Thursday, December 4, 2008

The silver mines

by Mauricio de Romaña

In 1625 the Gamero brothers from Pampacolca, in the upper part of the Majes Valley, discovered rich veins of silver in Caylloma. The mines were called Santa Sata, San Cristóbal and Vicunas. On another hill, called the Apostoles, the mine of San Judas Tadeo. Later, still others were found, which allowed the establishment of 22 "trapiches" (mill for grinding mineral ore) in all. In 1631 Cajas Reales were set up with an ore foundry which functioned until 1781, at which time ore was sent to the foundry in the city of Arequipa.
These events produced profound changes in the Colca. Originally an agricultural valley of importance, as the presence of Gonzalo Pizarro, the brother of Francisco Pizarro, to whom the control and organization of the Collaguas region was entrusted, shows, it became a rich mining region which absorbed all available manpower. Workers were recruited by the "mita" system, or forced mining service.
Due to an abundant supply of manpower, indispensible for exploitation of the mines, the Colca became a strategic center during colonial times. Two other factors contributed: abundant food production and the presence of the llama herds. These animals were essential for transporting the mineral to ports such as Quilca, Arantas or Islay, and also for guaranteeing the supply of mercury, indispensible in the production of silver, which came from Huancavelica or was imported from Yugoslavia or Spain. The viceroy Conde Chinchón considered Caylloma as the ore deposit third in importance after Potosí and Huancavelica.
Thus new villages supplanted in importance those already established in the agricultural zone, such as Yanque, Lari and Chivay. Boom times arrived for some, especially Caylloma, Tisco and Callalli. Agricultural production fell dramatically, terraces were abandoned, there was famine and malnutrition, epidemics and death. The population was drastically reduced, as can be seen by a report by the viceroy of Toledo in 1570 which puts the population at 33,900 inhabitants. By the end of the 18th century it had fallen to 13,905.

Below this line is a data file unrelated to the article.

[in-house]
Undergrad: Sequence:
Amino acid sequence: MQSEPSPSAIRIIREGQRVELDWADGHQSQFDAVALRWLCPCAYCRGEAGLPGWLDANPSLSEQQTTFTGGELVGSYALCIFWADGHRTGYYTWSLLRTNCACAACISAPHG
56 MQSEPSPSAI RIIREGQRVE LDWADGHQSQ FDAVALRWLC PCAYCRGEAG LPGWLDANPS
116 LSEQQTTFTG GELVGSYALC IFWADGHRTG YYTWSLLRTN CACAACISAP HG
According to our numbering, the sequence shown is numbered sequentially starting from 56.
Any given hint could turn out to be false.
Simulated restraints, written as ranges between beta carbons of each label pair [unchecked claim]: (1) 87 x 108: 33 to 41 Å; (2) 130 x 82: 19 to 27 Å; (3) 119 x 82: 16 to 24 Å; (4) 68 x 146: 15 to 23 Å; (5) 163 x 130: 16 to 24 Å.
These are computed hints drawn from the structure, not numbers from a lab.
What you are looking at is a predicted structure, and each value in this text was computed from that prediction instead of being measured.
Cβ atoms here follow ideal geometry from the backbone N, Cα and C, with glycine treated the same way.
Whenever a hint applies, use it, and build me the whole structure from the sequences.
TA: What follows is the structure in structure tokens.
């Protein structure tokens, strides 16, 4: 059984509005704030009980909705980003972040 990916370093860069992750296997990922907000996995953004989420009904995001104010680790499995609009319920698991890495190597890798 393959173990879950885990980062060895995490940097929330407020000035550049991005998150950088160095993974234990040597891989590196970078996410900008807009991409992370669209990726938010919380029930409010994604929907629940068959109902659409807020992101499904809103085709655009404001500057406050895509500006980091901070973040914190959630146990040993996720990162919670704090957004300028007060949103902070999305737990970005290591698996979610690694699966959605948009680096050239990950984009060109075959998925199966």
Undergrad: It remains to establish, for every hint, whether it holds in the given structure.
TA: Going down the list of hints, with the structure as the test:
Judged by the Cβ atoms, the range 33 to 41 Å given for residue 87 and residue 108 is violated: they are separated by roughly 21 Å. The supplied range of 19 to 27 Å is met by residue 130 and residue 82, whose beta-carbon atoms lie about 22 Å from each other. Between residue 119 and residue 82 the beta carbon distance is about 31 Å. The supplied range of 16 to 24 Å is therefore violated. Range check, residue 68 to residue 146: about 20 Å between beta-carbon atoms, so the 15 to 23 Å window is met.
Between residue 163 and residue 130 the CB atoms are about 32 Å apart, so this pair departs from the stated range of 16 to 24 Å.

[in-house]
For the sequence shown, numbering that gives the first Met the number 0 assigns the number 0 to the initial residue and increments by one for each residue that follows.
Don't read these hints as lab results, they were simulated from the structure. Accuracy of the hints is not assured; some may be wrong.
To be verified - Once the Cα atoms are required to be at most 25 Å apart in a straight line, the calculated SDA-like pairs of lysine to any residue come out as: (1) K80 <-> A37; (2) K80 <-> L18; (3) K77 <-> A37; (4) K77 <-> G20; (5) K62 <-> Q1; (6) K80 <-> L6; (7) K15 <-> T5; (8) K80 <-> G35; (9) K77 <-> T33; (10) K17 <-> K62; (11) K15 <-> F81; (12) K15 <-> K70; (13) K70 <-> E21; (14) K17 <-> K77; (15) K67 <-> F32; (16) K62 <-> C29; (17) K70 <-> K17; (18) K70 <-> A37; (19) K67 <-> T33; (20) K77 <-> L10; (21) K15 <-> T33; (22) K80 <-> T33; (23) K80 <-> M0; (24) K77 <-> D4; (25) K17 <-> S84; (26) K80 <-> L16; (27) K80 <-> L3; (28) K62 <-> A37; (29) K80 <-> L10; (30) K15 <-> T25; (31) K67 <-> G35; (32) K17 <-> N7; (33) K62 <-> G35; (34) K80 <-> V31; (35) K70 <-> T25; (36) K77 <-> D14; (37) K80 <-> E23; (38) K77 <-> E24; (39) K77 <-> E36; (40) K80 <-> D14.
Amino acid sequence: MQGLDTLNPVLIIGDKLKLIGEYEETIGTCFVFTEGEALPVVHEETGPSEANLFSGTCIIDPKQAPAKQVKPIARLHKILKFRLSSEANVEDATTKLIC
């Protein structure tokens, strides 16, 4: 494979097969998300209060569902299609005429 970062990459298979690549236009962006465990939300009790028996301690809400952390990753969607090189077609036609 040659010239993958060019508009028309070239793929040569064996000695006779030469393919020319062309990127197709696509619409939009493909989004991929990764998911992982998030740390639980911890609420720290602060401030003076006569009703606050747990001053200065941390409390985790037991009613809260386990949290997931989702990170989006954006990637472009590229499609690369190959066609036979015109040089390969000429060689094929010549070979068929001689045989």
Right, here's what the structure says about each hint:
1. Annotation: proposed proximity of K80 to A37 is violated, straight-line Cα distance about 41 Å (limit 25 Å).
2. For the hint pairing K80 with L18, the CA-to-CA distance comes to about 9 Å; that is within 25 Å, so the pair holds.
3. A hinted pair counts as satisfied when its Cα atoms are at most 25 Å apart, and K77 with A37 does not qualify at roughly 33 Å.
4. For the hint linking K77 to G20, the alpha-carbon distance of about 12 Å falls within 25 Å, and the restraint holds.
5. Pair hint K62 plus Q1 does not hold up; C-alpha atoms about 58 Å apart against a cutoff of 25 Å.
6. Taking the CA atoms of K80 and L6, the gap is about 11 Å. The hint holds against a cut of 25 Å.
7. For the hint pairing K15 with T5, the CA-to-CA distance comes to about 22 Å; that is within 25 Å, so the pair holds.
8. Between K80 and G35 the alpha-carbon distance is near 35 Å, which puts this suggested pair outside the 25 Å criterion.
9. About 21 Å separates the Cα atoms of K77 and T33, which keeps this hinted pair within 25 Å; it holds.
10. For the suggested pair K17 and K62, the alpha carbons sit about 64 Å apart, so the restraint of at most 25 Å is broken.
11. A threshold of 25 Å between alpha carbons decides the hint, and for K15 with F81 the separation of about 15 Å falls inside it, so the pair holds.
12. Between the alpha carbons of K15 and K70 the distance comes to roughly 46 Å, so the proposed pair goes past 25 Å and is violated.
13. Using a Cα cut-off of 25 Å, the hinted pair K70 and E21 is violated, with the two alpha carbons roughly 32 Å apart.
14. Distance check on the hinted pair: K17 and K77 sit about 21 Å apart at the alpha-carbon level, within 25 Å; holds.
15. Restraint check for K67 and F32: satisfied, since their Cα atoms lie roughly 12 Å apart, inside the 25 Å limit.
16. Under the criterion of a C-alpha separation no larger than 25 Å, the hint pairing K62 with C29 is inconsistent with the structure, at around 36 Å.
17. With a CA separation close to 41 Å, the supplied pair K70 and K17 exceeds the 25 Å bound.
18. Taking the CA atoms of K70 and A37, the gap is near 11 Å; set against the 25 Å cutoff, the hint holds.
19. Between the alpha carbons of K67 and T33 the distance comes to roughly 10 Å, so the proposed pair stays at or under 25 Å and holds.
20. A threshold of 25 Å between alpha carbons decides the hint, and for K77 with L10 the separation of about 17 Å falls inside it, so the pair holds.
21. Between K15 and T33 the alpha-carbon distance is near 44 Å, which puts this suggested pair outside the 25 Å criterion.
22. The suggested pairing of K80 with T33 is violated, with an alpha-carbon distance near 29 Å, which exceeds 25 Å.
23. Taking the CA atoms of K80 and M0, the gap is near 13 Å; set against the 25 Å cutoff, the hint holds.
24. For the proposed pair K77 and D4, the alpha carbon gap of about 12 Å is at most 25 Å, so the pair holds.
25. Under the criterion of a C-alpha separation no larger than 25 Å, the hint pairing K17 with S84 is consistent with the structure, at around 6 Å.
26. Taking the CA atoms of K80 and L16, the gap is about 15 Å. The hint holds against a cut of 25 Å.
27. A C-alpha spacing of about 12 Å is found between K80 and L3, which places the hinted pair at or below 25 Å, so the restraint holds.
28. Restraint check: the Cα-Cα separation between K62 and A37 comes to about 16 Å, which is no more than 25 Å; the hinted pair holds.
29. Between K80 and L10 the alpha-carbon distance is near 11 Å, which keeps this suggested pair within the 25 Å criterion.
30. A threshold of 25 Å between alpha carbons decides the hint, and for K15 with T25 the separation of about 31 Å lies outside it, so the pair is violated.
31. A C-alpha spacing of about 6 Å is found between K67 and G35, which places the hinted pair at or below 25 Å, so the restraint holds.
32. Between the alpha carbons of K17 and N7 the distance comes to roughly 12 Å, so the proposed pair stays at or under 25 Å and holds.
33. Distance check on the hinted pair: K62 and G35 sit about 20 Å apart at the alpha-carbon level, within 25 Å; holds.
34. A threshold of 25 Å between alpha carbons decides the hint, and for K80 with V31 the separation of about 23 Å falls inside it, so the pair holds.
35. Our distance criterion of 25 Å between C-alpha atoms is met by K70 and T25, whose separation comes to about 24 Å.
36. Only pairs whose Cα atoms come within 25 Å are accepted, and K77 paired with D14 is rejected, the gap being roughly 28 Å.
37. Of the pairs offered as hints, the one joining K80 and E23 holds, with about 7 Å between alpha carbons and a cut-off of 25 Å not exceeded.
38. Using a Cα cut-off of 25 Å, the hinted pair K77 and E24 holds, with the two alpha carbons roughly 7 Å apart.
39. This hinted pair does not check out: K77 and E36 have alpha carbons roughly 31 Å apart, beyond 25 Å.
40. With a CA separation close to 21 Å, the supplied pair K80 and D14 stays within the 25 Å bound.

The mining "mitas" did not only alter the relationship of servitude which the Collaguas had with Arequipa, but that with other communities such as Potosí and Huancavelica as well.
In the 18th century mining suffered a serious crisis. The scarcity of manpower, due to the fall in the population level, the difficulty in obtaining mercury due to the low production at Huancavelica, problems deriving from the war between England and Spain, and internal rebellions like that of Tupac Amaru, made it impossible to continue the exploitation of the mines. They were abandoned, or neglected, and fell into disuse. With the building of the Arequipa-Puno railroad, which allows better communication with Caylloma from Sumbay, mining activity was recommenced in this century, but without great effect on the Colca which remained forgotten.
There are other important mines in the area of the Colca besides those at Caylloma, namely Arcata and Orcopampa which is at the head of the Andagua Valley. They also were worked in Colonial times and continue to be exploited up to the present day.
There were also small mines in the Colca Valley itself, as is shown by the remains of a significant "trapiche" or ore mill a few kilometers from Chivay. In the decade of the 50's the mine called Madrigal, down water from Chivay, was opened and has a certain importance in the economy of the valley.

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